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In the frontispiece editorial in the 8th December 1938 issue of the Motor Cycle the article reproduced below indicates British concerns about proposals being made by Germany as hosts of the ISDT 1939 to revise a number of significant rules if the ’39 event. It  is interesting to note the part support and part objection to the prose abandonment of the final speed event in favour of a more typical test based on normal event conditions. Despite British reluctance the rule changes proposed by the Germans continues in the modern ISDE event with the final test now taking place on a motocross circuit. Having been able to watch a copy of a video of a film of the 1939 event, in my opinion the final test although not contested by British Riders was impressive in the manner in which riders with skills were able to make the bikes perform on quite radical off road conditions. I’d probably go as far as saying the introduction of the final test as one of cross country rather than speed may be one of the very few good things to come out of Germany at that time. It is also clear from the article of the existence of a widening gap between the founding principles of the event as a test of motorcycle reliability as followed in Britain and the European view of it being an off-road race for which reliability was one of a number of factors being tested.

GERMANY is proposing a drastic revision of the rules under which the International Six Days Trial is run. This event, it will be recalled, is to be held in Germany from August 20th to August 27th with headquarters at Kitsbühel, Salzburg or, Berchtesgaden, and the idea is that instead of ending with a high-speed test there shall be a cross-country test. By incorporating this the character of the Six Days as a trial over difficult country would, it is suggested, be retained.

Our views about the undesirability of ending the trial with a high-speed test are in complete accord with those of Germany. When discussing the last event we said:- “In our opinion no trial is a better test of reliability than the International Six Days as run over the past few years. Our only criticism is the high-speed test at the finish. This is an excellent substitute for a final examination, and has the advantage that it weeds out the weaklings among the competing machines, but where two teams tie for an award on the road section the speed test becomes a roadrace, for the winning team is the one that gains more on its schedule than does the other. This causes national teams to think in terms of T.T.-type machines, which is thoroughly unfortunate. A trial, in theory at least, should develop the roadster, and this the International, unlike the majority of trials, would succeed in doing except for this speed business. “Germany goes farther than this and says that the organiser, in the interest of safety, can no longer accept the responsibility of allowing machines which have been driven for six days under such hard conditions to take part in a final speedtest, especially having regard to the ever increasing speed of machines. Her proposal is that in place of the speedtest there shall be three laps of a short course that includes sand with no hardbase, loose stone, grass, freak hills and trenches 5½ yards wide and rather more than a yard deep. Marks are to be lost for failure to keep to the speed schedule, stopping the engine, falling over and soon. While we are keen to see the speedtest discarded, the test that is proposed would seem to be both freakish and militaristic and calculated to prove little. However, now that attention has been focused upon the whole matter ‘it may be that some really useful deciding test will be the outcome. One interesting proposal is that the three solo riders in the Trophy teams shall use different sizes of machine, namely,250, 350 and 500 c.c.”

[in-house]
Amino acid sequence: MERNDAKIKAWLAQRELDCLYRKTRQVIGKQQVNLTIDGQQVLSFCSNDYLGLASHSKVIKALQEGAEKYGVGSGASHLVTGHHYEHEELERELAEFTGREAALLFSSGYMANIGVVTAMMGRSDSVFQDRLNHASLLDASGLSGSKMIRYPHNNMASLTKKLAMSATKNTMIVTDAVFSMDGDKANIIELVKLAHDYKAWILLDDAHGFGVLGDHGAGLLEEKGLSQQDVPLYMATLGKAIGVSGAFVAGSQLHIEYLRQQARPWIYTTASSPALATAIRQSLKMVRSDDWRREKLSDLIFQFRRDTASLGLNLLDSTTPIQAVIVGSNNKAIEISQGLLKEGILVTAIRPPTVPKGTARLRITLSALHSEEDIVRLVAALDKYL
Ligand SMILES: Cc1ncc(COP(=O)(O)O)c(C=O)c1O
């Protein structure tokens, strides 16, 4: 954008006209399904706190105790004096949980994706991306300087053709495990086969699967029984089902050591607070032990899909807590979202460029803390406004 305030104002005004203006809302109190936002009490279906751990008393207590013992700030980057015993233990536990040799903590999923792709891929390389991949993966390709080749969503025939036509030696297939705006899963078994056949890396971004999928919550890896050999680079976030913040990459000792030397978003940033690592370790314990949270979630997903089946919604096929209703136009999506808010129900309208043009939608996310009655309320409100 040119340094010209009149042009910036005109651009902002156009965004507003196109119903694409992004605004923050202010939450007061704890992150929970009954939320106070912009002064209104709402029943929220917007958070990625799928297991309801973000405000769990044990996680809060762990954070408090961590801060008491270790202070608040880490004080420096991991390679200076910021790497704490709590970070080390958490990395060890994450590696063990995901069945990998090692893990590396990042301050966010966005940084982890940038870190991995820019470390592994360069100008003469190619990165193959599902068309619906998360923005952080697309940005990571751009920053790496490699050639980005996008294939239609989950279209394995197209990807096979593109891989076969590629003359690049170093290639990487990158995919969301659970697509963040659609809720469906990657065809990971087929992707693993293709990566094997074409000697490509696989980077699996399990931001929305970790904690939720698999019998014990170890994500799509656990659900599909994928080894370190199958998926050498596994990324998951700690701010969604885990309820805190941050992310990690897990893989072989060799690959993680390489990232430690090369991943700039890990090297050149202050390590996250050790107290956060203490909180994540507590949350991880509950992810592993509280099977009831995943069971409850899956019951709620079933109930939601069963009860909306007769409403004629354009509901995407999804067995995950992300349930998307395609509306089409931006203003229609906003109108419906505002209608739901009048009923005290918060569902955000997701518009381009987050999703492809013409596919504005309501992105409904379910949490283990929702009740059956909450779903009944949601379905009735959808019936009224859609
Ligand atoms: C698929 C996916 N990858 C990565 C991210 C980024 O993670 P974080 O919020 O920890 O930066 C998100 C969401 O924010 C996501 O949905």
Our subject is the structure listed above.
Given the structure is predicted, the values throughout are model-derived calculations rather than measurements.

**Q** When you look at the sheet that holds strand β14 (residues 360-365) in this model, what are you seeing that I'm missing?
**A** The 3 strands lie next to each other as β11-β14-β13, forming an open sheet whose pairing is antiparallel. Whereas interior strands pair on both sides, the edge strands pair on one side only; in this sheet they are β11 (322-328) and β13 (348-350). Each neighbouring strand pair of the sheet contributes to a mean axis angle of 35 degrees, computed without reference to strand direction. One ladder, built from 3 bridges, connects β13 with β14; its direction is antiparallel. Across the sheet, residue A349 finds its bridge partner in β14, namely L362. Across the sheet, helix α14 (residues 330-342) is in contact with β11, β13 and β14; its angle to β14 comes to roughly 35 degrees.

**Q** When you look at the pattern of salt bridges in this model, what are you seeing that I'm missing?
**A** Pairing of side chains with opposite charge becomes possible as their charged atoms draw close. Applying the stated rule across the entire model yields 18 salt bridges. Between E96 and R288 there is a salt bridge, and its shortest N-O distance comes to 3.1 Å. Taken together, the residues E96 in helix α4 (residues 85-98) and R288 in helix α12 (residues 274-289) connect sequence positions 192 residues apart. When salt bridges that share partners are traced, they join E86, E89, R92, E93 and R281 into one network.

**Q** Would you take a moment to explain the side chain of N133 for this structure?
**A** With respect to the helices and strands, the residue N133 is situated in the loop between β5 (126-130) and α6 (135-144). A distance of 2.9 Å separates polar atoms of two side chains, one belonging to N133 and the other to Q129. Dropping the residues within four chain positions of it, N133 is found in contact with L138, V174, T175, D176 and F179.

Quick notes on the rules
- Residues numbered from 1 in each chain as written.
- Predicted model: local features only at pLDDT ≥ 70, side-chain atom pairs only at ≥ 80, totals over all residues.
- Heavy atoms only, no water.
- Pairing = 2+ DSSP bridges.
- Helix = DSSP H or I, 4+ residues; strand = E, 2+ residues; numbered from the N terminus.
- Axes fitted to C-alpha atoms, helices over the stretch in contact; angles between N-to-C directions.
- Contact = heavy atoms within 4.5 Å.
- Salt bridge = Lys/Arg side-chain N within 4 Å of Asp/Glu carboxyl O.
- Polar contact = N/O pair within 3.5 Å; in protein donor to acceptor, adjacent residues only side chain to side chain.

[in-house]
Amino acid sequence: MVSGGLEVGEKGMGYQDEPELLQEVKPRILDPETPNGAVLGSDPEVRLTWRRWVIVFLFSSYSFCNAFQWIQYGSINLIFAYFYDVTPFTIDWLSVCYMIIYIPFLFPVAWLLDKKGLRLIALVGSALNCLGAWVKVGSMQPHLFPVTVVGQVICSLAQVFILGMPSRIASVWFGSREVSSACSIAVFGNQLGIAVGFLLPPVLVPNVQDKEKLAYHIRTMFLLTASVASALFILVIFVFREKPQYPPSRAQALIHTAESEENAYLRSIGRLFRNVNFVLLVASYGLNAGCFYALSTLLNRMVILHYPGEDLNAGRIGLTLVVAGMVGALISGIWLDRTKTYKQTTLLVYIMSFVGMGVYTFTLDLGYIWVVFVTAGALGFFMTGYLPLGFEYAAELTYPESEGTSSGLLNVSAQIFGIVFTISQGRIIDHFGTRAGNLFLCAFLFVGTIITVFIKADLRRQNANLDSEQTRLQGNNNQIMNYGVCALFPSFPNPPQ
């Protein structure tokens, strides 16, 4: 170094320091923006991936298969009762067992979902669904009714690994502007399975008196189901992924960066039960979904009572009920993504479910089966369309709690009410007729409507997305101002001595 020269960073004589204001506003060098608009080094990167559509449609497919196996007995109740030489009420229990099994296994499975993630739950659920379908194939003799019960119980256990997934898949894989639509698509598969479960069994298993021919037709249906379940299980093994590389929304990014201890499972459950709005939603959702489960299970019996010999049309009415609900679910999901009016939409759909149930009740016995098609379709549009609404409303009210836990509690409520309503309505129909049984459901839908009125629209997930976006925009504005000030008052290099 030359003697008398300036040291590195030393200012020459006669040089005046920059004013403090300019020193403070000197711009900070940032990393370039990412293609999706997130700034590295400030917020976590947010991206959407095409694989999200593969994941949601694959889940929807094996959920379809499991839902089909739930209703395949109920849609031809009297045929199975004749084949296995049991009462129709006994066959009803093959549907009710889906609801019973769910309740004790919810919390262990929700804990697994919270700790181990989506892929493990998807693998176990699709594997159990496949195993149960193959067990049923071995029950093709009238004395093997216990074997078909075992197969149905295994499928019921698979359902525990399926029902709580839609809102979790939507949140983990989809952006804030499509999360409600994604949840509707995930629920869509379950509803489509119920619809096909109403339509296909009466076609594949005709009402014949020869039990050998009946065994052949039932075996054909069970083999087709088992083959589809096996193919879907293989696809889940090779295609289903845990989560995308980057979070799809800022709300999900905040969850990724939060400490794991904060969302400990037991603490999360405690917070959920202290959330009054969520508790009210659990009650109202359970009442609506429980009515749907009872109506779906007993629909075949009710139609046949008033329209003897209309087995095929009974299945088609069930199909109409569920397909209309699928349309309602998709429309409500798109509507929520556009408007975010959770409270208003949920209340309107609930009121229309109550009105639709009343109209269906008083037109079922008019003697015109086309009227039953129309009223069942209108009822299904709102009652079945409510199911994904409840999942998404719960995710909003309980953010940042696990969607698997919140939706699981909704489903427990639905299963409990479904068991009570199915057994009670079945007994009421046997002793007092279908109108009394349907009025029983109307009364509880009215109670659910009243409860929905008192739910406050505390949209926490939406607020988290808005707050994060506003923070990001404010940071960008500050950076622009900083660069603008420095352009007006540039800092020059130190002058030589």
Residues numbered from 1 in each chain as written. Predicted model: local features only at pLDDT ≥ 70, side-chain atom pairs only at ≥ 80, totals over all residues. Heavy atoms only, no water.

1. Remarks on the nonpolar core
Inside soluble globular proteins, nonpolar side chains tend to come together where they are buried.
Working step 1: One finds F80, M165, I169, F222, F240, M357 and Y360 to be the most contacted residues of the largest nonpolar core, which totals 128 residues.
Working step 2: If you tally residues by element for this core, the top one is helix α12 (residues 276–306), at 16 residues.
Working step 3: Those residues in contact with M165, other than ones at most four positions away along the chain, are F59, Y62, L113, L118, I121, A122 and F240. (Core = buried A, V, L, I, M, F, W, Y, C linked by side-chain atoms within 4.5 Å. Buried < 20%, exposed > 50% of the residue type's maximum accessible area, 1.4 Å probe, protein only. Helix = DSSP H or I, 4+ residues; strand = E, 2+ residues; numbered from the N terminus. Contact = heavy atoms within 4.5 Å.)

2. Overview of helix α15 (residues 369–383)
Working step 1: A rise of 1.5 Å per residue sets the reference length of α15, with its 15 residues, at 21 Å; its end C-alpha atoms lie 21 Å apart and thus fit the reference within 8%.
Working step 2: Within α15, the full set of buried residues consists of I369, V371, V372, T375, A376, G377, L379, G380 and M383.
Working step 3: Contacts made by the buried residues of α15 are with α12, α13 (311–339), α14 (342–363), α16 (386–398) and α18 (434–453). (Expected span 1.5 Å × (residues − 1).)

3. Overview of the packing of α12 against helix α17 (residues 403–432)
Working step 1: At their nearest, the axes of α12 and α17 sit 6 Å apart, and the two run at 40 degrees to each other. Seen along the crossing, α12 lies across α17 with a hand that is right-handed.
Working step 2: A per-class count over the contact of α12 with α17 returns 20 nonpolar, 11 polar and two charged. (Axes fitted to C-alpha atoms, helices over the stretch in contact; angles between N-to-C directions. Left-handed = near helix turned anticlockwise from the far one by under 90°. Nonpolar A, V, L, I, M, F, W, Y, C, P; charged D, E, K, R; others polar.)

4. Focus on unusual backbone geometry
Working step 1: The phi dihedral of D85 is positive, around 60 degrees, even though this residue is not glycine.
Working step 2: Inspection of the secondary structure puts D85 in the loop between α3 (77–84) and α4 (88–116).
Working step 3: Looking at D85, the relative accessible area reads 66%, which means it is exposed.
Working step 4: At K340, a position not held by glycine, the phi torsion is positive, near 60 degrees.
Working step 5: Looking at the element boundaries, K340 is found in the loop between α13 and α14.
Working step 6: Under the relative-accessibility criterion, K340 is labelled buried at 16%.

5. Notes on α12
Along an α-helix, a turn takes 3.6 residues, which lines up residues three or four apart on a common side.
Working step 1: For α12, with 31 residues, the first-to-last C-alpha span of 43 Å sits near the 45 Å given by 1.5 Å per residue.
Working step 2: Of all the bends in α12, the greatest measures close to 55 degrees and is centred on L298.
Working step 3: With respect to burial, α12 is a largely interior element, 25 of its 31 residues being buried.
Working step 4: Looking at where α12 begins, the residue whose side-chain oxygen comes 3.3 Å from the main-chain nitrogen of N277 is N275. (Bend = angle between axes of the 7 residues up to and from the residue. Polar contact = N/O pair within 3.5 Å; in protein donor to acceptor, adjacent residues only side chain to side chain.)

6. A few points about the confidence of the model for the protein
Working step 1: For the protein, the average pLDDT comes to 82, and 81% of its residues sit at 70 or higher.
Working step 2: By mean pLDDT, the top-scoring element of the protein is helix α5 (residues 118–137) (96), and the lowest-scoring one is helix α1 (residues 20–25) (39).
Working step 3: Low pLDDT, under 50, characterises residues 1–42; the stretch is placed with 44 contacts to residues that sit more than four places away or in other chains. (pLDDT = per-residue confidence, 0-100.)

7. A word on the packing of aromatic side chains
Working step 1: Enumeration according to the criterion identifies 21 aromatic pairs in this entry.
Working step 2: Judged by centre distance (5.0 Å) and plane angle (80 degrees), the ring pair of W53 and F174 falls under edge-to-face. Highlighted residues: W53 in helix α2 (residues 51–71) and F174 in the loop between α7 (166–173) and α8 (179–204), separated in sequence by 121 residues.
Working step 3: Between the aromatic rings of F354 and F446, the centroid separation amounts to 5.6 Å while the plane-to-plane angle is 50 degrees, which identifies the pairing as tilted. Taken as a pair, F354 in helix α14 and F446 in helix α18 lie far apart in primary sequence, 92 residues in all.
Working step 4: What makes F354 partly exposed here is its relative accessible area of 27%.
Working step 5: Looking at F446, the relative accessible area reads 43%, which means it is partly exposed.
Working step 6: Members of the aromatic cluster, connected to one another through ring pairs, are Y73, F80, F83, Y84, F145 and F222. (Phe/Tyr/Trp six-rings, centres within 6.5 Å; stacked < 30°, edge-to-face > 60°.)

Also reported in the same editorial was this short note on the success of the British in the ISDT 1938


Great Britain’s Wins in the Big Sporting Events: Excellent Production Models BRITISH riders and British motorcycles have done well this year probably very much better than even the enthusiasts who follow the results of all the big races and trials actually realise. For the third year in succession Britain has won the International Six Days Trial, the most important reliability event held in the world. And she won it on reliability in the 1,495-mile road section, her rivals losing men through retirements. Thus, of the 20 Internationals that have been held to date, Britain has won no fewer than 11. No other country has won more than three.